Friday, March 17, 2006

Bertrand Russell vs. Paulo Freire

Too many people I work with are taking CLAD courses (Cross-cultural, Language, and Academic Development--think "bilingual ed") and some have become enamored of Paulo Freire, an education nutball if ever there was one. His Pedagogy of the Oppressed sounds wonderful to those socialists and and other lefties who, again, see people only as groups and not as individuals.

Freire's belief was that there were two kinds of education, banking and problem-posing. Banking is what I think of education--an instructor has knowledge and teaches it to students. This is bad, according to Freire and his devotees, because someone in charge--the oppressor--has decided what the student needs to learn and merely fills that student's head with facts of the oppressor's choosing. The oppressed student has no say in this matter. Problem-posing, however, is the end-all, be-all of education. You allow the student to become a social activist who supposedly learns academic content by solving problems in his or her community. As I've said before, the lefties love this idea of turning students into social activists without ever really teaching them anything.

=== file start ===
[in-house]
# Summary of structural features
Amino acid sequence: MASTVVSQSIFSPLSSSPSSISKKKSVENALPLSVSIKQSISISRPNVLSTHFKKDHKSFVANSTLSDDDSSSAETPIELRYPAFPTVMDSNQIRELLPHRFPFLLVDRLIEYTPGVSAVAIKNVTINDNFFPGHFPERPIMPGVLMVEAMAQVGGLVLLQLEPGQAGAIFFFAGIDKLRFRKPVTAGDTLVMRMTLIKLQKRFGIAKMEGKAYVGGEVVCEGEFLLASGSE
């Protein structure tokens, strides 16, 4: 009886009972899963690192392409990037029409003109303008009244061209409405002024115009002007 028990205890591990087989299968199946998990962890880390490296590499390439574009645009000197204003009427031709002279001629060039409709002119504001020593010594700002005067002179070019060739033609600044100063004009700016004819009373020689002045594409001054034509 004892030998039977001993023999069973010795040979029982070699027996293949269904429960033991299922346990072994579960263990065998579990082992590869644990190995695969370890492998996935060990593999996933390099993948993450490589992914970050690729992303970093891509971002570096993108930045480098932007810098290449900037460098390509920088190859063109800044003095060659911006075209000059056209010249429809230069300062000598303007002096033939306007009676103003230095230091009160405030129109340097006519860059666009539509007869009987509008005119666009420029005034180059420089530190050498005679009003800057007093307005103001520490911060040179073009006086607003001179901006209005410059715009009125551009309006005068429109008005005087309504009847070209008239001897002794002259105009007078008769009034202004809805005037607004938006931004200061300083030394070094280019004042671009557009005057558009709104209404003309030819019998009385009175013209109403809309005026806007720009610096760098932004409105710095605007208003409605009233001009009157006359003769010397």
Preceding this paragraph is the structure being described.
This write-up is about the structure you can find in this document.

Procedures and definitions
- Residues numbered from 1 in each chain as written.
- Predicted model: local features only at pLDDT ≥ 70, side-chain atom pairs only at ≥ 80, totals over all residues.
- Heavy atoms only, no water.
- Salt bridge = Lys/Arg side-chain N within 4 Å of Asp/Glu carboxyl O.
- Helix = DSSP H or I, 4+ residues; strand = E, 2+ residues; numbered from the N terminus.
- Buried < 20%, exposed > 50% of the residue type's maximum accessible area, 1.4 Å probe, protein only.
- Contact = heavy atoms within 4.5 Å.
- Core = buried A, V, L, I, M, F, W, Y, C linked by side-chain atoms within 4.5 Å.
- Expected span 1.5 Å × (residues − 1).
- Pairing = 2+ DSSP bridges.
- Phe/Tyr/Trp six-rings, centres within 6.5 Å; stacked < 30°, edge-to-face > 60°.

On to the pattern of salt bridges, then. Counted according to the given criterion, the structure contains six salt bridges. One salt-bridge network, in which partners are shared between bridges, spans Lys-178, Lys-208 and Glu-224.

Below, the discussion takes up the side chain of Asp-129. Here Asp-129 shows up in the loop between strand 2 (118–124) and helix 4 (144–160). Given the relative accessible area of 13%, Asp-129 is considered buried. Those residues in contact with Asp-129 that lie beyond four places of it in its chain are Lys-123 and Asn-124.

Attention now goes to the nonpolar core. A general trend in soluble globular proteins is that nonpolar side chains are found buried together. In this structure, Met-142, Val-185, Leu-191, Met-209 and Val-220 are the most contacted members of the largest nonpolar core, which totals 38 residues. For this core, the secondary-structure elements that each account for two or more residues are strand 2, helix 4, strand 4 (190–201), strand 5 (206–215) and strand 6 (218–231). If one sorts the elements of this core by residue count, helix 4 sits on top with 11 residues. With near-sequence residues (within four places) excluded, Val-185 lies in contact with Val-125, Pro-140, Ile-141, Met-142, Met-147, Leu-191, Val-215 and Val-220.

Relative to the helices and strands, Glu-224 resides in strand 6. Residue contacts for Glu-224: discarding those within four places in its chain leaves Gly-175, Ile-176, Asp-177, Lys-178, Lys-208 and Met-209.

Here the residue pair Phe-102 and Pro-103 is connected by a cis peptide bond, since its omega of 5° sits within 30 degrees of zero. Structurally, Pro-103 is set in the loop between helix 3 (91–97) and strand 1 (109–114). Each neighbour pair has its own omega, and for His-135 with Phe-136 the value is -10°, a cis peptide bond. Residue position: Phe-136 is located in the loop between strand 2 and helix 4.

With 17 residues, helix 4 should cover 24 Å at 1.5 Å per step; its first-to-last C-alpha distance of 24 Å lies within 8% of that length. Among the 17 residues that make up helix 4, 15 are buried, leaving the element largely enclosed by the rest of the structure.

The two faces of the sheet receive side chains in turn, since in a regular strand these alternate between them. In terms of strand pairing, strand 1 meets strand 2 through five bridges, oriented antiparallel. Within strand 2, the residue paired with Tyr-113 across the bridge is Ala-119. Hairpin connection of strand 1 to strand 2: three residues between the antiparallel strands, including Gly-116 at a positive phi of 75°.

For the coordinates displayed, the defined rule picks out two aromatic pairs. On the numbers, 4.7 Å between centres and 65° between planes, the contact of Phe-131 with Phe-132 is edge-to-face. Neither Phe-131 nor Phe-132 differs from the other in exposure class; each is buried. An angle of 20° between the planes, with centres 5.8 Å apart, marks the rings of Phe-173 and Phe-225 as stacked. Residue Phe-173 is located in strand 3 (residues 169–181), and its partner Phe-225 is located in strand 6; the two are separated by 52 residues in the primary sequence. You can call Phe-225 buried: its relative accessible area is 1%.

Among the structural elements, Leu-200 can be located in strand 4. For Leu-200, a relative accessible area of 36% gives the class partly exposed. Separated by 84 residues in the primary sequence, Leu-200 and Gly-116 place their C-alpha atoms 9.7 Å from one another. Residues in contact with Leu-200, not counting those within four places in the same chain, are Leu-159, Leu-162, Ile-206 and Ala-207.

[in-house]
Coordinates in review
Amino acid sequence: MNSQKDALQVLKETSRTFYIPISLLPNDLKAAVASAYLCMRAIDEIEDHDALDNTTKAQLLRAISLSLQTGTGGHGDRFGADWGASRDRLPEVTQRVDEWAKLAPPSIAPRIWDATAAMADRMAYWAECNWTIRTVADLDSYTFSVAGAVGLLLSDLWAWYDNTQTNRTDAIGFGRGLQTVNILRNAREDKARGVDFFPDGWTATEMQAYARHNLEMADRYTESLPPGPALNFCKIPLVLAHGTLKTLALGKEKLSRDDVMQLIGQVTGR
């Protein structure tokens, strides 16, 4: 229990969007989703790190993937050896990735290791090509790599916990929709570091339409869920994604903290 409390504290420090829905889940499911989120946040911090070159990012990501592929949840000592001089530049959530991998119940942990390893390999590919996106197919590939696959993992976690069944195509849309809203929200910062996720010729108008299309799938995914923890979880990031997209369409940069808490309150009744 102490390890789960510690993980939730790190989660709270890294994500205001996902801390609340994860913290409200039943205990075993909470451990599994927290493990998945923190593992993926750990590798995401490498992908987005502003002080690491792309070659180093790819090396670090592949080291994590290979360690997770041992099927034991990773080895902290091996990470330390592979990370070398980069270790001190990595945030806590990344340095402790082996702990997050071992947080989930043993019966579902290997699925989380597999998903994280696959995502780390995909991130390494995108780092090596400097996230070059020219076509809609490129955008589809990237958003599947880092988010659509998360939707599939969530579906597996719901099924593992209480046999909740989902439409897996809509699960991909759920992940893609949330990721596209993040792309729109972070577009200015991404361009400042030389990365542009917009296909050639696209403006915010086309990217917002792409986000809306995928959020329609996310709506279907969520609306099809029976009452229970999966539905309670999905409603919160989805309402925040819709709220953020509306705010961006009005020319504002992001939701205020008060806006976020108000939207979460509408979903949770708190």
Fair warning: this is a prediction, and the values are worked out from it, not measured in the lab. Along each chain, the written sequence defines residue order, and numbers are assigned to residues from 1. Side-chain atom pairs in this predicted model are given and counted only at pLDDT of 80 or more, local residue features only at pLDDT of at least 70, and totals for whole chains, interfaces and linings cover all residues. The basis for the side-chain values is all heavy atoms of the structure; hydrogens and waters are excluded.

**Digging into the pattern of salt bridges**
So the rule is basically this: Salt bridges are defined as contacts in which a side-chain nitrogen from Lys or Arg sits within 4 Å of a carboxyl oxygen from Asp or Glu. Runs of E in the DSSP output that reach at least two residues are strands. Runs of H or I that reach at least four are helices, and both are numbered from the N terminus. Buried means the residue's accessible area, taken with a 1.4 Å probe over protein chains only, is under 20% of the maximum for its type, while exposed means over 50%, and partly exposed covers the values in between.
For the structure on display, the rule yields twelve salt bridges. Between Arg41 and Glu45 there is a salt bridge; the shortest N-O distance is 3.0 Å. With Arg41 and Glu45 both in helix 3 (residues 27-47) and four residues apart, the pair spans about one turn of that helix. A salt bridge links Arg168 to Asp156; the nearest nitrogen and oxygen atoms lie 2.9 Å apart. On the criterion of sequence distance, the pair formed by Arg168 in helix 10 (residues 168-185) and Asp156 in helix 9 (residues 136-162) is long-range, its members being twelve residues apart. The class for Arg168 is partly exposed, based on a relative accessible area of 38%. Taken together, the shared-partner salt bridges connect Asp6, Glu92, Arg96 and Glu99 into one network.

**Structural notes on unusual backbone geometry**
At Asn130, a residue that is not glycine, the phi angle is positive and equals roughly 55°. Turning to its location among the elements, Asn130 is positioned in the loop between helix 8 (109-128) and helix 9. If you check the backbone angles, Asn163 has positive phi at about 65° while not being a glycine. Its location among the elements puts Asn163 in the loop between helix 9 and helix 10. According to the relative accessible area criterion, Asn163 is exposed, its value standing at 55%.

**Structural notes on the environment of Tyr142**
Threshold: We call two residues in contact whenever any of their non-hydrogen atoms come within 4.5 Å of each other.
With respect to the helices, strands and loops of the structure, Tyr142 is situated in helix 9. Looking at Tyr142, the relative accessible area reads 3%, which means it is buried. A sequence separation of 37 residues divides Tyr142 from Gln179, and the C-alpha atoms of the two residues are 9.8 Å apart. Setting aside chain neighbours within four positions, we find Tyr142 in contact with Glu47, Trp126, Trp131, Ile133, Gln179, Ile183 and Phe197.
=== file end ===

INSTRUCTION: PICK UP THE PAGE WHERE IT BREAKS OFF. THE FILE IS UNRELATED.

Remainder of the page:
Bertrand Russell, however, had a different idea. According to one Kieran Egan, “Bertrand Russell, after his first disastrous experiment in organizing a school, observed that the first task of education is to destroy the tyranny of the local and immediate over the child’s imagination."

Russell is correct. The purpose of education is to get a child to see what's beyond his own nose.

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